The first long stretch of peace and aflluence in some time occurred in the late forties and the fifties. But instead of the predictable resurgence of feminism, after so many blind alleys, there was only “The Feminine Mystique”, which Betty Friedan has documented so well. This sophisticated cultural apparatus was hauled out for a specific purpose: women had been hired during the war, and now had to be made to quit. Their new employment gains had come only because they had been found to make a convenient surplus labour force, for use in just such time of crisis — and yet, one couldn’t now just openly fire them. That would give the lie to the whole carefully cultivated myth of emancipation. A better idea was to have them quit of their own volition. The Feminine Mystique suited the purpose admirably. Women, still frantic, still searching (after all, a factory job is no man’s idea of heaven either, even if it is preferable to women’s caged hell), took yet another false road.

This one was perhaps worse than any of the others. It offered neither the (shallow) sensuality of the twenties, the commitment to a (false) idea of the thirties, nor the collective spirit (propaganda) of the forties. What it did offer women was respectability and upward mobility — along with Disillusioned Romance, plenty of diapers and PTA meetings (Margaret Mead’s Mother Nurture), family arguments, endless and ineffective diets, TV soap operas and commercials to kill the boredom, and, if the pain still persisted, psychotherapy. Good Housekeeping and Parents’ Magazine spoke for every woman of the middle class, just as True Confessions did for the working class. The fifties was the bleakest decade of all, perhaps the bleakest in some centuries for women. According to the 1950 version of the Myth, women’s emancipation had already been tried and found wanting (by women themselves, no doubt). The first attempt to break away from a stifling Creative Motherhood seemed to have failed utterly. All authentic knowledge of the old feminist movement by this time had been buried, and with it the knowledge that woman’s present misery was the product of a still-virulent backlash.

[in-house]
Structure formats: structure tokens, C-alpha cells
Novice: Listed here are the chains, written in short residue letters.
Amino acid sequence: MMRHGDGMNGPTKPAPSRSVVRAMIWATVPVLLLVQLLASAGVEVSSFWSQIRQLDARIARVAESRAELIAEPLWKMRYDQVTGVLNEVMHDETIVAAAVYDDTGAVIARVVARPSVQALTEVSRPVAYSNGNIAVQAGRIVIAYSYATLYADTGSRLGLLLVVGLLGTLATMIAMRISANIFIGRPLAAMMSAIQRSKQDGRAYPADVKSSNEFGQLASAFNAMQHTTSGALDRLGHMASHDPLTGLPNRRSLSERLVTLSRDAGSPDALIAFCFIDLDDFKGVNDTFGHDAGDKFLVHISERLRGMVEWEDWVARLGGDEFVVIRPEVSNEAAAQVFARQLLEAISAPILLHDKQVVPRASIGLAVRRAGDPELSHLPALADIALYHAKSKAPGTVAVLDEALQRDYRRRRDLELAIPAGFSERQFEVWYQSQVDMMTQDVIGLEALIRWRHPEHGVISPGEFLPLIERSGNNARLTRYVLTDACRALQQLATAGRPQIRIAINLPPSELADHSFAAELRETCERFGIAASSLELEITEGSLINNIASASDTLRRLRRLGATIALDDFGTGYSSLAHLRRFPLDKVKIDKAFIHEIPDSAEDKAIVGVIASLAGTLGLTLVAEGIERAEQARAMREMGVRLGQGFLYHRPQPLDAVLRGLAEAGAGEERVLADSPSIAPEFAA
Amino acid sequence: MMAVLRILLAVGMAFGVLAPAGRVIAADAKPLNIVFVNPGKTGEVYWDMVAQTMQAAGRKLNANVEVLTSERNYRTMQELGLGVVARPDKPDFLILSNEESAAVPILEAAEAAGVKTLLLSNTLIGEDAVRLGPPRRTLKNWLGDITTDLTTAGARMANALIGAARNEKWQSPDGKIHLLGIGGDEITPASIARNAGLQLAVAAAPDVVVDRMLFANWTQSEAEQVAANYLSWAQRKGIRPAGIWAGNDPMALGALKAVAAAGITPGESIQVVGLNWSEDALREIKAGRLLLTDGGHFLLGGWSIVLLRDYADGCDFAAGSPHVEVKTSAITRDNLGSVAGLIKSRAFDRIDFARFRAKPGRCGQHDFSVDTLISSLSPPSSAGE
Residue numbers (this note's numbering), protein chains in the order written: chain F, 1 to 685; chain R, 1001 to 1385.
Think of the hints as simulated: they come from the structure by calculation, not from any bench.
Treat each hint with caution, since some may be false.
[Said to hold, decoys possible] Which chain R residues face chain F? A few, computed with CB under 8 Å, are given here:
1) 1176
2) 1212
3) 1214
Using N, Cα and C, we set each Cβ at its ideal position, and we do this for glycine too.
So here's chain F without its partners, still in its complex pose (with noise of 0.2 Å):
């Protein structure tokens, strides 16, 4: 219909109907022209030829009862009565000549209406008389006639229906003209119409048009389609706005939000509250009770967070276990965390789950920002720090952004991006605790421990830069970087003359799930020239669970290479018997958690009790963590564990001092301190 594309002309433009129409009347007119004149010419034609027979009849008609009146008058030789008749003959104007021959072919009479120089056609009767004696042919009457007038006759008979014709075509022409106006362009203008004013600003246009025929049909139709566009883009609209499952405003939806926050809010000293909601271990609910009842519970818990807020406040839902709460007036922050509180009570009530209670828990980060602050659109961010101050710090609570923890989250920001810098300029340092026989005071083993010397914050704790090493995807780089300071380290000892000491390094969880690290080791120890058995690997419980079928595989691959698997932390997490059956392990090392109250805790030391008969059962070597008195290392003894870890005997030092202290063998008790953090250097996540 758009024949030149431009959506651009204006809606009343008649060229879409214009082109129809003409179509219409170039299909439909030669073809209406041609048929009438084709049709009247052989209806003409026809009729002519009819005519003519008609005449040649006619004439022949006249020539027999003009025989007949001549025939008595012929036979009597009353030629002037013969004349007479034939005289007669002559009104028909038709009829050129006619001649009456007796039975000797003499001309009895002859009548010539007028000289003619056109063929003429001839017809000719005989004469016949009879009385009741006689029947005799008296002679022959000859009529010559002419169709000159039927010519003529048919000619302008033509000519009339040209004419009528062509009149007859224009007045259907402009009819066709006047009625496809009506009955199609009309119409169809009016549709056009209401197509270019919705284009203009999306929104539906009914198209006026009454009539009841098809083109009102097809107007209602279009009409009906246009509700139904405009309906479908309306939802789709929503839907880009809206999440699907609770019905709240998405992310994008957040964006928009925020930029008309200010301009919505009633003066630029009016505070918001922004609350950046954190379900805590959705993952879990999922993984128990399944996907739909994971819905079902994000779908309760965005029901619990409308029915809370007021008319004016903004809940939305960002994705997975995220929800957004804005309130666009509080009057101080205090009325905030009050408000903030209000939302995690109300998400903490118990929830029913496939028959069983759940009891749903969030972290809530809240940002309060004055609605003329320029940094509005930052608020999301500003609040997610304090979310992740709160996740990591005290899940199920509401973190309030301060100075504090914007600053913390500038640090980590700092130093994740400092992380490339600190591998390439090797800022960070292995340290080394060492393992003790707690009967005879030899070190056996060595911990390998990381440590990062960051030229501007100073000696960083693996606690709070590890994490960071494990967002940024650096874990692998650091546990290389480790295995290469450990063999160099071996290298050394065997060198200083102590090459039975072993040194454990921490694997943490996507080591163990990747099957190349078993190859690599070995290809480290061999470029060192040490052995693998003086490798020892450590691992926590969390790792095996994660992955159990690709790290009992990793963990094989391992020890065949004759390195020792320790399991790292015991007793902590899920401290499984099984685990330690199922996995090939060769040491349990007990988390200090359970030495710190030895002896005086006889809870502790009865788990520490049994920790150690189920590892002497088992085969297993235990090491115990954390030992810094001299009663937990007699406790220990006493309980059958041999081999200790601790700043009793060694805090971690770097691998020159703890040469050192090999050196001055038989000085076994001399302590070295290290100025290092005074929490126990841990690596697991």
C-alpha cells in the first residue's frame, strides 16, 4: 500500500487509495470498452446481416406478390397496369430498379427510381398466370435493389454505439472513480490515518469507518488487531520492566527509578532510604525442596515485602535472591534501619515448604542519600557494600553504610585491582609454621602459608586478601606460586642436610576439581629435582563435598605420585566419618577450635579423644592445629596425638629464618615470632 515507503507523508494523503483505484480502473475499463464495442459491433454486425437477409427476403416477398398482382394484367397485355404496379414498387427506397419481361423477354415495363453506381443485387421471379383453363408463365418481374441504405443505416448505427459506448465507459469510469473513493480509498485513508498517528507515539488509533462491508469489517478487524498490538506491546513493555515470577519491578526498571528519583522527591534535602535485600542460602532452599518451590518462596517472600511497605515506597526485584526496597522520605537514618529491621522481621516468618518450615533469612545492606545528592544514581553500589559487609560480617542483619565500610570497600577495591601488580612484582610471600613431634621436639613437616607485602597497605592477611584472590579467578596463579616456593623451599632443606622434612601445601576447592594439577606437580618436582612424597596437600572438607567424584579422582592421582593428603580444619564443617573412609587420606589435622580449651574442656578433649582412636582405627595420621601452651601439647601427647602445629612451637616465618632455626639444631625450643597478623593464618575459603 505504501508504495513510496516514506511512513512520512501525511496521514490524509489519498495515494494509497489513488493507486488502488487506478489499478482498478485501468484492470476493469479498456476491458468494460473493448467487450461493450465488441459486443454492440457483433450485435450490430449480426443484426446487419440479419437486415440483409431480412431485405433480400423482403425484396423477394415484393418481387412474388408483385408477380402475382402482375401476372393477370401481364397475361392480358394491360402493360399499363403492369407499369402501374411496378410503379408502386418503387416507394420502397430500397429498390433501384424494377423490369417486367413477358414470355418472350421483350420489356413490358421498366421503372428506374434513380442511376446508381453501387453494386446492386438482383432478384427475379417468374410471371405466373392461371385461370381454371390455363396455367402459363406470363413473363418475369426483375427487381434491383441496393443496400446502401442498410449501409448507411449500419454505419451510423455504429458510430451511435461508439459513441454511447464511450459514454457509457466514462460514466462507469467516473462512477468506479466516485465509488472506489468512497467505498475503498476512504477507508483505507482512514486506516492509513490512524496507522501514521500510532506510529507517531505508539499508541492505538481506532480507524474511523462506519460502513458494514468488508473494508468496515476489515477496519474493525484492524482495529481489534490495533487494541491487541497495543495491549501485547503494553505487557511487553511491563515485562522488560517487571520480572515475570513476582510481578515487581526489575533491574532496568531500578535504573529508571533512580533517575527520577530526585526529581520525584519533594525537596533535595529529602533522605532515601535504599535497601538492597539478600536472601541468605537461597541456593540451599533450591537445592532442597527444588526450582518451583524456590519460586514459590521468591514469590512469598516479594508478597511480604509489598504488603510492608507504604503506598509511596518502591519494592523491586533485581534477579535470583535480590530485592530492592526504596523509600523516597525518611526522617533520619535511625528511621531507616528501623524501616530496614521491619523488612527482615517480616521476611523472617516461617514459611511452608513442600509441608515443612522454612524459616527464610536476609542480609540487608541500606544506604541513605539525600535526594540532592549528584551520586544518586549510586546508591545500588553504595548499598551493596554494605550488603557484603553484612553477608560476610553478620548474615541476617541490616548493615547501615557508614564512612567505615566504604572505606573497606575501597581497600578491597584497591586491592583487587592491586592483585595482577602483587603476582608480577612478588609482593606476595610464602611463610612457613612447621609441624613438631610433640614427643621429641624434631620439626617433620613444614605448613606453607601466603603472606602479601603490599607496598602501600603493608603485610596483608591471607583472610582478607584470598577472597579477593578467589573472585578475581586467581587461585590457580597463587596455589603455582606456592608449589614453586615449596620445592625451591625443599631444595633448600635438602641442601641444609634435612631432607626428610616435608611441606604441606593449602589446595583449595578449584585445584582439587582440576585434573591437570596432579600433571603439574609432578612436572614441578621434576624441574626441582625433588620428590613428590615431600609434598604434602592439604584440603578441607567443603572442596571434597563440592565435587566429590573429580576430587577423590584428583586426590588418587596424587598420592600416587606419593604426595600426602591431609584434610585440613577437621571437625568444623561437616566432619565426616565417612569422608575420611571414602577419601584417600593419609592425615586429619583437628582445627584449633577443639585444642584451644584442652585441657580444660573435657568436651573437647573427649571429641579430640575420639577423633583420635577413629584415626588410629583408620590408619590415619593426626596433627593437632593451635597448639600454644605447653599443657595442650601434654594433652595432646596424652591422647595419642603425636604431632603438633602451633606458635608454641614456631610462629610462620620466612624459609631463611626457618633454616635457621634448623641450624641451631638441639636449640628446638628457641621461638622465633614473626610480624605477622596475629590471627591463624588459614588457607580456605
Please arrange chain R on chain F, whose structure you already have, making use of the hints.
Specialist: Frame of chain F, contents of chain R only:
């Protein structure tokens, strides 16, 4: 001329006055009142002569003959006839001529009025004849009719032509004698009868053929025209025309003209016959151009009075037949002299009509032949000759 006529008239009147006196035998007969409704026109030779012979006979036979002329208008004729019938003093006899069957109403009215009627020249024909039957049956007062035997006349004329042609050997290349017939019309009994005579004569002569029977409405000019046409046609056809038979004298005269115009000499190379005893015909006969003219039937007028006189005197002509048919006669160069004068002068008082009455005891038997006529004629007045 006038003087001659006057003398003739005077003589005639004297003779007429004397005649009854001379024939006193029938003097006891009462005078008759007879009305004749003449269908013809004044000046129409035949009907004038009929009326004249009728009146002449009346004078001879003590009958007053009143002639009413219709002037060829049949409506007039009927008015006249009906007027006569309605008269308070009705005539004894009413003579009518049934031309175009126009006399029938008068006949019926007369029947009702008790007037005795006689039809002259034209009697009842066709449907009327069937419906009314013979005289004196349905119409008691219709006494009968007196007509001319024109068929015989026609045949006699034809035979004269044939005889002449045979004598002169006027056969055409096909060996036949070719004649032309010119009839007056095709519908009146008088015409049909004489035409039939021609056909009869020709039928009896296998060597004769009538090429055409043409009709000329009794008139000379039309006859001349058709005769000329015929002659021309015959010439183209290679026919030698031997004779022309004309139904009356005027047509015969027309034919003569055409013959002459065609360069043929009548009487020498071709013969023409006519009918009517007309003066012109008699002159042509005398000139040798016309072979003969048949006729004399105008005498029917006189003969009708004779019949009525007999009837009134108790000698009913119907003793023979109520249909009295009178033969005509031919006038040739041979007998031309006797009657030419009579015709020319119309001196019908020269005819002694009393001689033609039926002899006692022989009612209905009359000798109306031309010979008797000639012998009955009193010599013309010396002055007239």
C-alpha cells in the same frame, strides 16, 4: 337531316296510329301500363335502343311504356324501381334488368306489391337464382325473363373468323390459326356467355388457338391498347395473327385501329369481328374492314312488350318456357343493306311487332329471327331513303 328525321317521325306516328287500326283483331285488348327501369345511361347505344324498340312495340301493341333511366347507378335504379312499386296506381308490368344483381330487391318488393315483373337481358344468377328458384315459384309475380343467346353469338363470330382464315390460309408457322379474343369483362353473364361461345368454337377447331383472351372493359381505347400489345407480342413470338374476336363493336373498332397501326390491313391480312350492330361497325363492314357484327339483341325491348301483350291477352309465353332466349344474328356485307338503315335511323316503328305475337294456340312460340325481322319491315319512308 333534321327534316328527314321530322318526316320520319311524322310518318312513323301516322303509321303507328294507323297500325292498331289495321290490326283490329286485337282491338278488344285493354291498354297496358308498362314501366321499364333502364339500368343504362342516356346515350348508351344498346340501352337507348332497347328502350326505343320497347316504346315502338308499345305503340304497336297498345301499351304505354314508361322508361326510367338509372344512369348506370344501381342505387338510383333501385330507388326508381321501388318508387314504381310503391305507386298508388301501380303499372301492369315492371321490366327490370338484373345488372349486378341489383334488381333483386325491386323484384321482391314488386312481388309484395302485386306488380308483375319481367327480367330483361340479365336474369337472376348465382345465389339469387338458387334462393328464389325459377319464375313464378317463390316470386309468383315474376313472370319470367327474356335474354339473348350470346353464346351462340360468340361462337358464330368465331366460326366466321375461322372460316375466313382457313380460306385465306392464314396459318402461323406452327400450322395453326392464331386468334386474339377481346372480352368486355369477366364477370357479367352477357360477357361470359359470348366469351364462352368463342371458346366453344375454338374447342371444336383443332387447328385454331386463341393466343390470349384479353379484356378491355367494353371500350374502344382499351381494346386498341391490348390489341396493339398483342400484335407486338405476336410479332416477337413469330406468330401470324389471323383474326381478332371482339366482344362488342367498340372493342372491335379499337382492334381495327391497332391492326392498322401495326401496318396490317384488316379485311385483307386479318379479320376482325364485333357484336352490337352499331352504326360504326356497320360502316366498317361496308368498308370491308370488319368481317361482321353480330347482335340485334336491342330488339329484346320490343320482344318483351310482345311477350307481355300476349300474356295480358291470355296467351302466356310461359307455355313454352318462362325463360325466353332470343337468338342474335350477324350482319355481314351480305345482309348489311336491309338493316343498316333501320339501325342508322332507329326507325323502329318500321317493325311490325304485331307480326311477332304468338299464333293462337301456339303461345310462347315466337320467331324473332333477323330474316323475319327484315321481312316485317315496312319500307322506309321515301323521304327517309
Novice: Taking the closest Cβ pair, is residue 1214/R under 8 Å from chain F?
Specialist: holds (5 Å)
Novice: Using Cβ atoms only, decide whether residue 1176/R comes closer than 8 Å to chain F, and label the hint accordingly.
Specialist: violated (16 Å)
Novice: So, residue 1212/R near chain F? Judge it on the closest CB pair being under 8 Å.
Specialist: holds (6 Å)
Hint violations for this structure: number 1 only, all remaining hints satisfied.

lehaaz:

I don’t get any type of celebrity stanning especially if the celebrity supports war criminals. people are willing to excuse people like gaga beyonce katy etc. but want to drag a 14 year old on tumblr dot com. and that’s scary and mind boggling.

“The bourgeois want art voluptuous and life ascetic; the reverse would be better.”
Theodor Adorno, Aesthetic Theory (1968)

Woman appears as a conquered sex: conquered by the myth of man. Woman suffers from the privilege of man who is above her, but she suffers it in the obedience which inspires he who has imposed himself as a subject. The victorious sex says to woman: “Make yourself worthy of me. Absorb, through the knowledge of the Subject, the thought which is completely human and universal. Under my guidance you will reach the dimension of the Subject.”

In such a way man not only justifies the control that he exercises over the personality of woman – which must be for the entire good of her, every little bad mistake can be fatal – but he becomes the arbiter of her consciousness, and finally, the reservoir of her inferiority: promising her redemption from her mind, in obedience. In fact, she who obeys does not deserve to be known because obedience is irreconcilable with autonomy and it is autonomy that creates in man the stimulus towards knowledge. Thus man does not know woman, he knows himself, and her only inasmuch as she serves him […]

Carla Lonzi, Significato della autocoscienza nei gruppi femministi (The significance of autocoscienza (loosely translated as consciousness-raising) in feminist groups)
“Bourgeois ideology is an ideology which refuses to allow itself to be identified as an ideology by presenting itself as neutral, impartial, universal, objective and value-free.”
Roland Barthes, Criticism and Truth (via alfagamma)

(Source: roboclaws)

from ‘On Prostitution: Two Broadsheets and a Statement’ - Movimento Femminista Romano, 1973